A traditional optometrist usually spends 30 minutes or less with a patient for a comprehensive eye exam. A developmental optometrist, however, may spend several hours with a patient, spread over several appointments, to complete a comprehensive eye exam, a developmental eye exam, and a functional vision evaluation. In my practice, I watch a child’s eyes and look to evaluate issues such as (1) whether the eyes work together as a team, (2) blinking, (3) reading difficulty, and (4) sensitivity to sensory stimuli. I also evaluate head and body posture, balance, and interactions with surroundings. I thoroughly assess eye movement and alignment with the aid of computerized tracking equipment which utilizes sensors to detect and record eye position. I also evaluate visual perception and processing areas such as visual memory, visual closure, directionality, visual figure-ground discrimination, and writing skills.
Following such a comprehensive evaluation, a developmental optometrist will create a treatment plan that does not include surgery or drugs. The goal of vision therapy is to rewire the connections between the eyes and the brain more efficiently. This leads to improvements in the patient’s life which can include a safer and more stable visual world, interest and engagement in surroundings, enjoyment of reading, faster completion of schoolwork, and cosmetic and functional alignment of the eyes.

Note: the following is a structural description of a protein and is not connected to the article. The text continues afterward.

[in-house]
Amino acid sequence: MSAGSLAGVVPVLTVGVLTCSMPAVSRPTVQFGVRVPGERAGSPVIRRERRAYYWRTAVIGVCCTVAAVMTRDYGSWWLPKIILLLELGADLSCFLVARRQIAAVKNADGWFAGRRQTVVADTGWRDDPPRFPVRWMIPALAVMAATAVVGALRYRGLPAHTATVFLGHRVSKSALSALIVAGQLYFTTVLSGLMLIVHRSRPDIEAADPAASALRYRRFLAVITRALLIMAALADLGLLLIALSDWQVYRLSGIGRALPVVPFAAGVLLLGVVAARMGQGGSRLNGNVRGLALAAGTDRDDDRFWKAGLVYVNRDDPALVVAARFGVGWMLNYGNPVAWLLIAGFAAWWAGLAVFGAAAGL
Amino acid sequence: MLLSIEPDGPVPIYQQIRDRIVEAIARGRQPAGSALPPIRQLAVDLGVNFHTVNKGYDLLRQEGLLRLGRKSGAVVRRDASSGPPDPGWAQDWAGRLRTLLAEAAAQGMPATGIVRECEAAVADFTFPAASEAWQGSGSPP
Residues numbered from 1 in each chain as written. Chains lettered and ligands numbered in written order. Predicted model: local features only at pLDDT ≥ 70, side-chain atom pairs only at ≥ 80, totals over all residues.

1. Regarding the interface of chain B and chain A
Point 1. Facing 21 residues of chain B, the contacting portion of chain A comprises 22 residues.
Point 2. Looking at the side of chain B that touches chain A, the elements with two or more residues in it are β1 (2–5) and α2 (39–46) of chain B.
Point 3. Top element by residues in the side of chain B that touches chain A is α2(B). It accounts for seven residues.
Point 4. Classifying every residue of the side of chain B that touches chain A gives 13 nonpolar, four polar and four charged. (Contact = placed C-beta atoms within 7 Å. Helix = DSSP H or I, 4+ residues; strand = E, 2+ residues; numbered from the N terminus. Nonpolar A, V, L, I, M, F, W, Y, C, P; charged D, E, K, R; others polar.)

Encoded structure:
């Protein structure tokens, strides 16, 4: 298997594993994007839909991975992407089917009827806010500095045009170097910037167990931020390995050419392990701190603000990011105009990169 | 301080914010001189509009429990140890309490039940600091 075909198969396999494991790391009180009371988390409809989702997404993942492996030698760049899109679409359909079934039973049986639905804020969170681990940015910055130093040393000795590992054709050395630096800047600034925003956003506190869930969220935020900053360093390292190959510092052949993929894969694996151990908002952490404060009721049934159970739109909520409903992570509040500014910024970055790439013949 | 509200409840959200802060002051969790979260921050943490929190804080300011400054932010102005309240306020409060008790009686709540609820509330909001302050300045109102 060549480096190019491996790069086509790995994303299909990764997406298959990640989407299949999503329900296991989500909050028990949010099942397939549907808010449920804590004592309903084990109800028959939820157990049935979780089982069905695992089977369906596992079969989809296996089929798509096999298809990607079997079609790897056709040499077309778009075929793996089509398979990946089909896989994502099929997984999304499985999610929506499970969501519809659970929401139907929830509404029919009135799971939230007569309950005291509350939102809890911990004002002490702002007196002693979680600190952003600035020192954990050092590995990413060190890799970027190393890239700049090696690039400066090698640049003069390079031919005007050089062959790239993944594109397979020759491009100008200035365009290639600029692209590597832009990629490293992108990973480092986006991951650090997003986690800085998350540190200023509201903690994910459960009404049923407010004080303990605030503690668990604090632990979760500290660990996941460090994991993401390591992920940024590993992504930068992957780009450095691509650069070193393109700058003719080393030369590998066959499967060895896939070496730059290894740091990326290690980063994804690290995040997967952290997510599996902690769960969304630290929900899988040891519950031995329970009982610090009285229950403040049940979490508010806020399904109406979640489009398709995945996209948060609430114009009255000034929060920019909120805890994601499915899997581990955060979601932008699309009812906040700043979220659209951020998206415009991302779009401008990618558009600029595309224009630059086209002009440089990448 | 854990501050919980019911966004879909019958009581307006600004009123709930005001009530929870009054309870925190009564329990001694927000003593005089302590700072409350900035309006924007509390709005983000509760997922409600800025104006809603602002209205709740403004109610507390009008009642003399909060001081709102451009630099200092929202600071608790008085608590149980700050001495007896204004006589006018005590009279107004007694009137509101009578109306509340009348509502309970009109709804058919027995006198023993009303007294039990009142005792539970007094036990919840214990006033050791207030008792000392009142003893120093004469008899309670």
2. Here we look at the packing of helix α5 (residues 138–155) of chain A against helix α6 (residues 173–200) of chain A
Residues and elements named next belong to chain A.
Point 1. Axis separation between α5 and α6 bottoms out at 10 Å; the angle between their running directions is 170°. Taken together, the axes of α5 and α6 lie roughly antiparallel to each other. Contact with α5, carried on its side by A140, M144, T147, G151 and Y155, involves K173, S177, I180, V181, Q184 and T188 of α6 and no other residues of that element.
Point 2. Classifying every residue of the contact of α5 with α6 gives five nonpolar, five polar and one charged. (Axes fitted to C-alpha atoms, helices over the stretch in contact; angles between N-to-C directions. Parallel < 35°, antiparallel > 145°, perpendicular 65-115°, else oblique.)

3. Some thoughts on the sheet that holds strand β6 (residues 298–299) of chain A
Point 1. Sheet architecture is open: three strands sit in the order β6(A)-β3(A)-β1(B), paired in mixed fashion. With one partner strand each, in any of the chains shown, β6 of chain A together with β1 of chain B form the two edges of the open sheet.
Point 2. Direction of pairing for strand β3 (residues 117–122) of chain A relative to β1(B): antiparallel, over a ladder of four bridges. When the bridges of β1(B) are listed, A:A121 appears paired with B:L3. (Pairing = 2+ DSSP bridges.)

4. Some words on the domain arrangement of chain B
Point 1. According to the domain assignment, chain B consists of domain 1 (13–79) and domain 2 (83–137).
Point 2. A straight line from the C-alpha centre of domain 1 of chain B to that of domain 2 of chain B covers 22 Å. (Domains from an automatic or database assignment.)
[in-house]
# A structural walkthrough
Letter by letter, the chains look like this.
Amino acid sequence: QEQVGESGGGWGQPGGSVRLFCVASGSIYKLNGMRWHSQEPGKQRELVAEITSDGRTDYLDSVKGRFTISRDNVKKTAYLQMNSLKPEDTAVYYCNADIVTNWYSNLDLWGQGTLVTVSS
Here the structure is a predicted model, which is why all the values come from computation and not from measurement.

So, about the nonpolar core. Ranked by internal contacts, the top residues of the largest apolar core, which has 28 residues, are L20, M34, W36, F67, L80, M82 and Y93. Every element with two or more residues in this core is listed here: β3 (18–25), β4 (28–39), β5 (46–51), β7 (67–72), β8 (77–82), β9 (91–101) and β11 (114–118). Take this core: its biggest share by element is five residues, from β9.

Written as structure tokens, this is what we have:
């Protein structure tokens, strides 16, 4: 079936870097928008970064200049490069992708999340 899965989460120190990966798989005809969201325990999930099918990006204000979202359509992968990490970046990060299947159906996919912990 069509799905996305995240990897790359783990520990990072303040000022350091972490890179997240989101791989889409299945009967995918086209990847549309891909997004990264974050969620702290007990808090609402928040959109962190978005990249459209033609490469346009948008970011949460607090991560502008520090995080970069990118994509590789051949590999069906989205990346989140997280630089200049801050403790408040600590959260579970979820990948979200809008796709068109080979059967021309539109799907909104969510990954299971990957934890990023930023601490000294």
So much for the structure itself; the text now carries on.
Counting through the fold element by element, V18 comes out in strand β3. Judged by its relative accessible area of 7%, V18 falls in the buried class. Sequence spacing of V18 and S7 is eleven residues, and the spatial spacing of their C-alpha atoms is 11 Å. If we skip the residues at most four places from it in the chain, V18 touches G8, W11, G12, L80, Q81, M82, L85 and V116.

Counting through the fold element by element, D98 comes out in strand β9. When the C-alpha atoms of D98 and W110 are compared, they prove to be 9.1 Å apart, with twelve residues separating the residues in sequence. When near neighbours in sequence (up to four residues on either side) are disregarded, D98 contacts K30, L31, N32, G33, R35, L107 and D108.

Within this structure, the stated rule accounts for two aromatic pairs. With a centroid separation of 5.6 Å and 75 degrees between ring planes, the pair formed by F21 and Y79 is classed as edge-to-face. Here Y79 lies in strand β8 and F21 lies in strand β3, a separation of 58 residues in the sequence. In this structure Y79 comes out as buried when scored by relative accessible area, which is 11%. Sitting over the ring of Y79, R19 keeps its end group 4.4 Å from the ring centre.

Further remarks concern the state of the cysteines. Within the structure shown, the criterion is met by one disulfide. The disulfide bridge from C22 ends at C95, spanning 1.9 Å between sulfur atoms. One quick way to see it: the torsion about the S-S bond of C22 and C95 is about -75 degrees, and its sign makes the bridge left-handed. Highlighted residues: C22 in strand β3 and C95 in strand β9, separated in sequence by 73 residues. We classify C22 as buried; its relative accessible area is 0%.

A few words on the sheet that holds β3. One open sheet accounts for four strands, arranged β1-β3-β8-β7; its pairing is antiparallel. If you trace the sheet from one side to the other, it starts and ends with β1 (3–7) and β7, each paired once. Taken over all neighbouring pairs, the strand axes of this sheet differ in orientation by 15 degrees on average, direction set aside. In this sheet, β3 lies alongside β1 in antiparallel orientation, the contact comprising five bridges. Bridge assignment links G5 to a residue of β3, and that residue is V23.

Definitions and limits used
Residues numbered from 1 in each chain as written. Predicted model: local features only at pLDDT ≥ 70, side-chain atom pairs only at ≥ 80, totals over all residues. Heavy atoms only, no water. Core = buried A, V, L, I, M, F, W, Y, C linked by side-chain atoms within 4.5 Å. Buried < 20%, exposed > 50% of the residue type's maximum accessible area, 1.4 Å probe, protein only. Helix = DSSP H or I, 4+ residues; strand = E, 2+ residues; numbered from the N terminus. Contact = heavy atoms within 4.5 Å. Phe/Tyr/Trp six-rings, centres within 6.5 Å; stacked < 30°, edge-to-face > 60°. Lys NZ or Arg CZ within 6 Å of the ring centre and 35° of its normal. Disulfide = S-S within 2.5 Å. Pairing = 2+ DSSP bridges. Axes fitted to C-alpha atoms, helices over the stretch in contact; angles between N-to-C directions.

Developmental optometry’s less traditional approach has gained much attention in recent years. World renowned institutions such as the Mayo Clinic and Harvard’s Boston Children’s Hospital have been implementing programs in developmental optometry and vision therapy.
And this just makes sense. In his book Brain Rules, developmental molecular biologist John Medina explains that vision “trumps all the other senses,” occupying more space in the brain than the other senses combined. Given its importance to overall health and wellness, we need to address all the complexities of the visual system when fostering learning and development in children.
What type of specialized therapies do you perform to improve visual perception?
My toolbox is overflowing. In addition to prescribing glasses and contact lenses in the traditional sense, I can use lenses, prisms and filters to modify sensory perception. For example, I can place lenses in front of the eyes to enable a patient to more accurately identify sounds and locate where the sound came from. I also use a lot unique gadgets and gizmos for vision training which keep a child visually challenged – and having fun at the same time.